Roy Lilley's broadside at Sir Alan Langlands (letters, 9 March) could be viewed as characteristic of a displaced trust chair, heckling from the sidelines and perhaps waiting for a change of government before he is at the helm of some NHS quango.
Ignoring the political undertones to his letter, I have some sympathy with the shortcomings of the NHS which he identifies, except that they are selective and, if truth were known, a virtually endless list of unsatisfactory services and displeased patients could be cited.
We go round with an ever more sensitive magnifying glass finding more and more, because our love for bad news and scandal is undiminished, and we have no appetite for good news and success stories.
NHS funding was never in the gift of civil servants; it is a parliamentary vote.
If income tax were raised by 1 per cent maybe the NHS information technology revolution Roy Lilley calls for could be funded (assuming we don't try to make a silk purse out of a sow's ear).
If clinical governance arrangements were effective, maybe the actions of individual mavericks and backwoodsmen would become less common.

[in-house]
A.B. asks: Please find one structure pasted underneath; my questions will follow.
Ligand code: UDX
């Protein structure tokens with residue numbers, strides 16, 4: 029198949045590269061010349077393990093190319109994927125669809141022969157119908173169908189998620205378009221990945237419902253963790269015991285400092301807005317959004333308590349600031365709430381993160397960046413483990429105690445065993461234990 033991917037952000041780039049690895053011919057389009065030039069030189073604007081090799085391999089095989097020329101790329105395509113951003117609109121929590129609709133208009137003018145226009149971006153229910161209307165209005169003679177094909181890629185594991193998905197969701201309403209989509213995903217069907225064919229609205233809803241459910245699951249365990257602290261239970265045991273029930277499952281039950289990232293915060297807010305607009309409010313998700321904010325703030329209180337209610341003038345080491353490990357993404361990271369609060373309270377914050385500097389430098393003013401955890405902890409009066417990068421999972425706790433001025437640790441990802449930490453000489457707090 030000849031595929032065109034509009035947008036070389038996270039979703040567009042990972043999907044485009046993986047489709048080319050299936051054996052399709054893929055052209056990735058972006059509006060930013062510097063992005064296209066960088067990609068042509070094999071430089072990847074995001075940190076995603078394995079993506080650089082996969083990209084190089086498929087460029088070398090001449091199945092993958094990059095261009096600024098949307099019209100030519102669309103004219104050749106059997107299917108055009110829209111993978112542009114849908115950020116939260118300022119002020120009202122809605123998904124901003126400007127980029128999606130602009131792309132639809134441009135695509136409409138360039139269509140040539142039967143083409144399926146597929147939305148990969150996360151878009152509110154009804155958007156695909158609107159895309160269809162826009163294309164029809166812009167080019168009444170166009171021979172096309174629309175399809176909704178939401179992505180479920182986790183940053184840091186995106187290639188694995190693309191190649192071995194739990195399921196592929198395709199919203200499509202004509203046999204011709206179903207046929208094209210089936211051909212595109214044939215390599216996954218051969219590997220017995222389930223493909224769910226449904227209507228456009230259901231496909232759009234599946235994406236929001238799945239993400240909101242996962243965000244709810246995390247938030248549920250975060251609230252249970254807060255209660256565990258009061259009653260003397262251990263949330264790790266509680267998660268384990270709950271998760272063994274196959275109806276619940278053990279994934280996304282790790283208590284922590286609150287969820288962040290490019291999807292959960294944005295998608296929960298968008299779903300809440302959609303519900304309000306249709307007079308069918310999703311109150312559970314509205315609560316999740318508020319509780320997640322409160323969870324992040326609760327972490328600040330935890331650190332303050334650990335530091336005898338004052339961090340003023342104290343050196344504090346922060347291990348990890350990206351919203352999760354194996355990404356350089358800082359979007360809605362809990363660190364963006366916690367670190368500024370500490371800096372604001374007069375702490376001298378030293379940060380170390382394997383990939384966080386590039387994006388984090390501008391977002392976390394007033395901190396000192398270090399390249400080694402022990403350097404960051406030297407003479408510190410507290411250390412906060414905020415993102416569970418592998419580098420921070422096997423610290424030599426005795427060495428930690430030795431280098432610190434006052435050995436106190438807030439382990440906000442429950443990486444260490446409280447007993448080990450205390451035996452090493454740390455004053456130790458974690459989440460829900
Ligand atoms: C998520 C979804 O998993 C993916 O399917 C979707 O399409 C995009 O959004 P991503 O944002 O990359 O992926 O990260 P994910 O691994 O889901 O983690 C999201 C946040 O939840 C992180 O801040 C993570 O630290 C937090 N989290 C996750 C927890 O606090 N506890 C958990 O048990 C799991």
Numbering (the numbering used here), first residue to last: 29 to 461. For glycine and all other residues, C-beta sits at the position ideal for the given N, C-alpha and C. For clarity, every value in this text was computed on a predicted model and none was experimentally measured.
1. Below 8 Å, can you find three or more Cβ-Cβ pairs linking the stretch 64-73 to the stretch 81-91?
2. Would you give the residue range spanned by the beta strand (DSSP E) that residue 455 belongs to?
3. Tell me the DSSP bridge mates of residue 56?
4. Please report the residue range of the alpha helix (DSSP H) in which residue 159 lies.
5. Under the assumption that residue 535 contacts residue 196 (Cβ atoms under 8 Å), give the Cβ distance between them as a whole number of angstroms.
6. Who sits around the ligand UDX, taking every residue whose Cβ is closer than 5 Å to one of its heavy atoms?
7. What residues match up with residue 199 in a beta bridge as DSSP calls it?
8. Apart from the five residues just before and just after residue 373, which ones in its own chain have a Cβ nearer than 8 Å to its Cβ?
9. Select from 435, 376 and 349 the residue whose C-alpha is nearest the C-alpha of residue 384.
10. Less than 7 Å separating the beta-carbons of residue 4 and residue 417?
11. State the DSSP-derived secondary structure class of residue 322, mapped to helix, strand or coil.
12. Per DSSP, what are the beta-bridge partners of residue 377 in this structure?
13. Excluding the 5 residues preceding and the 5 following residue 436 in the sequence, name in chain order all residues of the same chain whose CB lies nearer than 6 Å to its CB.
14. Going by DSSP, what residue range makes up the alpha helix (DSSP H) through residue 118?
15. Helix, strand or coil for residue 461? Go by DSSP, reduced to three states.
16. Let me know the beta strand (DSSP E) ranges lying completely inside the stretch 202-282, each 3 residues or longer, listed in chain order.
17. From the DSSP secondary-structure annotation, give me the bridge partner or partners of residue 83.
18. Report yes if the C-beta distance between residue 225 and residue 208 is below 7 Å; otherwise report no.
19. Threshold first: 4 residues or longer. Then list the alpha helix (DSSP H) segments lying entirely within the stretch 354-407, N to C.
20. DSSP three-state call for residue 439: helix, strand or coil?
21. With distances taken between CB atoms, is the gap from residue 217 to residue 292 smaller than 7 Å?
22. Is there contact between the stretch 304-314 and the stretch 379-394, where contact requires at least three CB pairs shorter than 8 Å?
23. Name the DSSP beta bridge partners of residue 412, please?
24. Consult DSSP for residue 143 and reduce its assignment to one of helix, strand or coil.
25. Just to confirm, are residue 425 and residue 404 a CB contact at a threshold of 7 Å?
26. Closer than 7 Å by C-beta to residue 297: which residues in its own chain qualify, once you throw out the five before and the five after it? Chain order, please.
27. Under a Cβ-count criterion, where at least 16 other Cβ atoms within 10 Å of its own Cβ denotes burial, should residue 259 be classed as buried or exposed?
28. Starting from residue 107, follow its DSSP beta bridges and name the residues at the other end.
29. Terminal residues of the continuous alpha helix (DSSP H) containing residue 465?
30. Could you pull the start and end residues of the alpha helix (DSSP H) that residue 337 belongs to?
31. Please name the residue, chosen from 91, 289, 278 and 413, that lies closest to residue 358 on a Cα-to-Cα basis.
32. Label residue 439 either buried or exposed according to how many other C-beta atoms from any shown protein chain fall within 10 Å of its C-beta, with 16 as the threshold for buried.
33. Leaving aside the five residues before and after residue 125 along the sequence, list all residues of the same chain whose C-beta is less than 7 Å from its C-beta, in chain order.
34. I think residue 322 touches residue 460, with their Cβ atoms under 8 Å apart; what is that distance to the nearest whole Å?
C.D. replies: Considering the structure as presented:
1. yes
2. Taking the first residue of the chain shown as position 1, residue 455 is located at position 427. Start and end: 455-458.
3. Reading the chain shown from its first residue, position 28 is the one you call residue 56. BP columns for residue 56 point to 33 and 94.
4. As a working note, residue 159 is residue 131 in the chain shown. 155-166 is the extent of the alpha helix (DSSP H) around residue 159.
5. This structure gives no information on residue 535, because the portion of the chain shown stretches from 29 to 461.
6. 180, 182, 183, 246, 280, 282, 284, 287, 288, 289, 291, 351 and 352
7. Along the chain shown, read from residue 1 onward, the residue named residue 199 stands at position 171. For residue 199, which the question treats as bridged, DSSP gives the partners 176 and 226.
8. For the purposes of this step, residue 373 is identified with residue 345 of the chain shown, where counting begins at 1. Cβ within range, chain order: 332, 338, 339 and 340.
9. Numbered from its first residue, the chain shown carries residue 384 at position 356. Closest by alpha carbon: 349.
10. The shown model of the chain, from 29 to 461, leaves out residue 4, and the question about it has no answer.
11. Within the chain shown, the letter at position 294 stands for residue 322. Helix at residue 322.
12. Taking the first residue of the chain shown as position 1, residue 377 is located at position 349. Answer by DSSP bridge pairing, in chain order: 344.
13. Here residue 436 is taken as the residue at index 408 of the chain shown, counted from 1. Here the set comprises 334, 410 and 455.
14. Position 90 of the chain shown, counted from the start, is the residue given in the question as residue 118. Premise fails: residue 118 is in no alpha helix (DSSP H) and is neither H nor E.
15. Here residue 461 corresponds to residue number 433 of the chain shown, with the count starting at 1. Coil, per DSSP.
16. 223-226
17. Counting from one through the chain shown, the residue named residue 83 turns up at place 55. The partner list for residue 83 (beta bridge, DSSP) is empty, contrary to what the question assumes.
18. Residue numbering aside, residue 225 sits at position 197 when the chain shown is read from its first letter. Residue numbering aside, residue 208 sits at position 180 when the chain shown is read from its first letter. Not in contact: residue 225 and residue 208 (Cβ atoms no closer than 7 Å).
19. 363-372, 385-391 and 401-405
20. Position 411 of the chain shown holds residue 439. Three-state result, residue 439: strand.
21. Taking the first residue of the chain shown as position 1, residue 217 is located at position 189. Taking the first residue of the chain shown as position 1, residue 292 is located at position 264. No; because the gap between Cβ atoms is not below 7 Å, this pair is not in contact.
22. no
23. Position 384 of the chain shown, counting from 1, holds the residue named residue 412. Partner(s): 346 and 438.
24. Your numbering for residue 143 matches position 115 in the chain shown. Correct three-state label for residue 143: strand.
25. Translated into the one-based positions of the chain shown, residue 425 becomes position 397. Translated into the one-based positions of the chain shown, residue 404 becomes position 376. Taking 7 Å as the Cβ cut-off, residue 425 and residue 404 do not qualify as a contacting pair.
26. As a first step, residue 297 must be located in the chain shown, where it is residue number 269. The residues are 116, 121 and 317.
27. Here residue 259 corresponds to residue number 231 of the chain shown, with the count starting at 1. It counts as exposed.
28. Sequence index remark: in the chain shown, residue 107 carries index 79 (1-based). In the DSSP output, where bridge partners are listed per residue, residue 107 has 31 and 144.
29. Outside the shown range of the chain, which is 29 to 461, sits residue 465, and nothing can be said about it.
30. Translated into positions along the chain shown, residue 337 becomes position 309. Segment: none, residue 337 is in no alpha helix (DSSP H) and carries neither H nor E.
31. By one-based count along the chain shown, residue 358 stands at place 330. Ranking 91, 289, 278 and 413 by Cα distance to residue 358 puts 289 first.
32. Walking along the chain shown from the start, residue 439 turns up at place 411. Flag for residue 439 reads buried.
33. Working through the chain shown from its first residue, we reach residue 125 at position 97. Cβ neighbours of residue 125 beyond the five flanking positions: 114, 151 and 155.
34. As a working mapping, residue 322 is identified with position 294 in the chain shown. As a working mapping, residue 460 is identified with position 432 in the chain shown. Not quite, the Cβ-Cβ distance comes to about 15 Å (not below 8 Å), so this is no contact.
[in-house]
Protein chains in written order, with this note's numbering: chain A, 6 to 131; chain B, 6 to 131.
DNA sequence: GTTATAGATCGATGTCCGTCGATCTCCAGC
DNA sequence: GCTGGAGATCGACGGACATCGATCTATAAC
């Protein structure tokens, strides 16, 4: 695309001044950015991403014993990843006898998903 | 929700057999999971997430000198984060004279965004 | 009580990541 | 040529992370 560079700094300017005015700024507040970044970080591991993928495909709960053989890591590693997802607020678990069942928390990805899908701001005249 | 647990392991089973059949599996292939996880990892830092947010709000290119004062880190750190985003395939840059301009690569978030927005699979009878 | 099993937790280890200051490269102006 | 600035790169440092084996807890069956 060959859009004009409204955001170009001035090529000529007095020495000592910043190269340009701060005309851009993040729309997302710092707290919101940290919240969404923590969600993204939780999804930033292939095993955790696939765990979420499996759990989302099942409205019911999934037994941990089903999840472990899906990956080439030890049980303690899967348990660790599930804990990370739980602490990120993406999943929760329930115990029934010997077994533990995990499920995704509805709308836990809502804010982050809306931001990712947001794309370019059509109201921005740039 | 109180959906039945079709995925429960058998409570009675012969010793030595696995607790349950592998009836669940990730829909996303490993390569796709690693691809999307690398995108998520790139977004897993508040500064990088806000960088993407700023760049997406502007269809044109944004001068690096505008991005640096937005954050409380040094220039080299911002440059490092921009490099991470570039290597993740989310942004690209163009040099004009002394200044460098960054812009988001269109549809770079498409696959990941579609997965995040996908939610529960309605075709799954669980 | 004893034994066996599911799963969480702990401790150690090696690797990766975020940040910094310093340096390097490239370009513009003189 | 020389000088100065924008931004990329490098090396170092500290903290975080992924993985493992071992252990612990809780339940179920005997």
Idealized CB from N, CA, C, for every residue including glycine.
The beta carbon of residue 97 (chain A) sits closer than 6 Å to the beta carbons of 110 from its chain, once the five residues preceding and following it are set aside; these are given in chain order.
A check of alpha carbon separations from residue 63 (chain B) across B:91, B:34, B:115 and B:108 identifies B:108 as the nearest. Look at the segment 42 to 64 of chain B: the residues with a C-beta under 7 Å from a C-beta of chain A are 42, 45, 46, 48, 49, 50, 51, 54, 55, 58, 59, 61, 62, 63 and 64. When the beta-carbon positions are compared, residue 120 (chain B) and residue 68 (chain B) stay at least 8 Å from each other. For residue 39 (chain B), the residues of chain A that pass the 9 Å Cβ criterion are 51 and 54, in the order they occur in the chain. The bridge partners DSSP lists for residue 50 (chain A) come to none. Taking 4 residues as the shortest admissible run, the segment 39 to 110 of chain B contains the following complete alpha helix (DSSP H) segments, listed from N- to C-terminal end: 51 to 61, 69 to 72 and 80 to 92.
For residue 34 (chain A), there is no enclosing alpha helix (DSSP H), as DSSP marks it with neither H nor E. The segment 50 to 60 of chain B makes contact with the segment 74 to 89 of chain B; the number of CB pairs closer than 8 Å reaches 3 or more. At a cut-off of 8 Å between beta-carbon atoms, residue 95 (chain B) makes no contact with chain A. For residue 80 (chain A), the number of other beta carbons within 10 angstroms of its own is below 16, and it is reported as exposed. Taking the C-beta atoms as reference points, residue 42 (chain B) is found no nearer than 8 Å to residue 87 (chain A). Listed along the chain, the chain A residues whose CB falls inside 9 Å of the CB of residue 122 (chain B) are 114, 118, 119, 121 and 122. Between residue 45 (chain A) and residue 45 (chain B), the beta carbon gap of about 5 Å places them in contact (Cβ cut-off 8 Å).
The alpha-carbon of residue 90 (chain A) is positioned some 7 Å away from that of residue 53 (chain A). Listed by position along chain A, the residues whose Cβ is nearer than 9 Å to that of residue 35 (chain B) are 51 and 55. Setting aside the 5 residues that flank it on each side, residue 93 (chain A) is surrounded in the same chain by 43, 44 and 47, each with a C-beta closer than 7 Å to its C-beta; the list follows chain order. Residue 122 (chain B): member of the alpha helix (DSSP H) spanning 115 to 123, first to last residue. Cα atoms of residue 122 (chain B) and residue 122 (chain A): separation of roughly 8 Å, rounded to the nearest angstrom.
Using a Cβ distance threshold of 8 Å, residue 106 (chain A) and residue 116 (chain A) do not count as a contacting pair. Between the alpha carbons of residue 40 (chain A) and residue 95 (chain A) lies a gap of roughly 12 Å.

Compared with the private sector, and given the number of organisations, professions, disciplines, systems and processes involved to produce the NHS 'widget', the health service is regarded as highly complex. Not all ofthat machinery is justifiable, and certainly not all of it works effectively.
But endless engine rebores and tinkering have made the NHS look like a Dagenham production line in the 1950s: too many cooks with too many recipes for change.
Complacency, intransigence and knee-jerk reactions are unacceptable, as is scapegoating and stoning those whose major sin is that they genuinely tried to improve things for the better and were not always successful.
Dr Adrian Turrell Senior research fellow Trent institute for health services research Sheffield University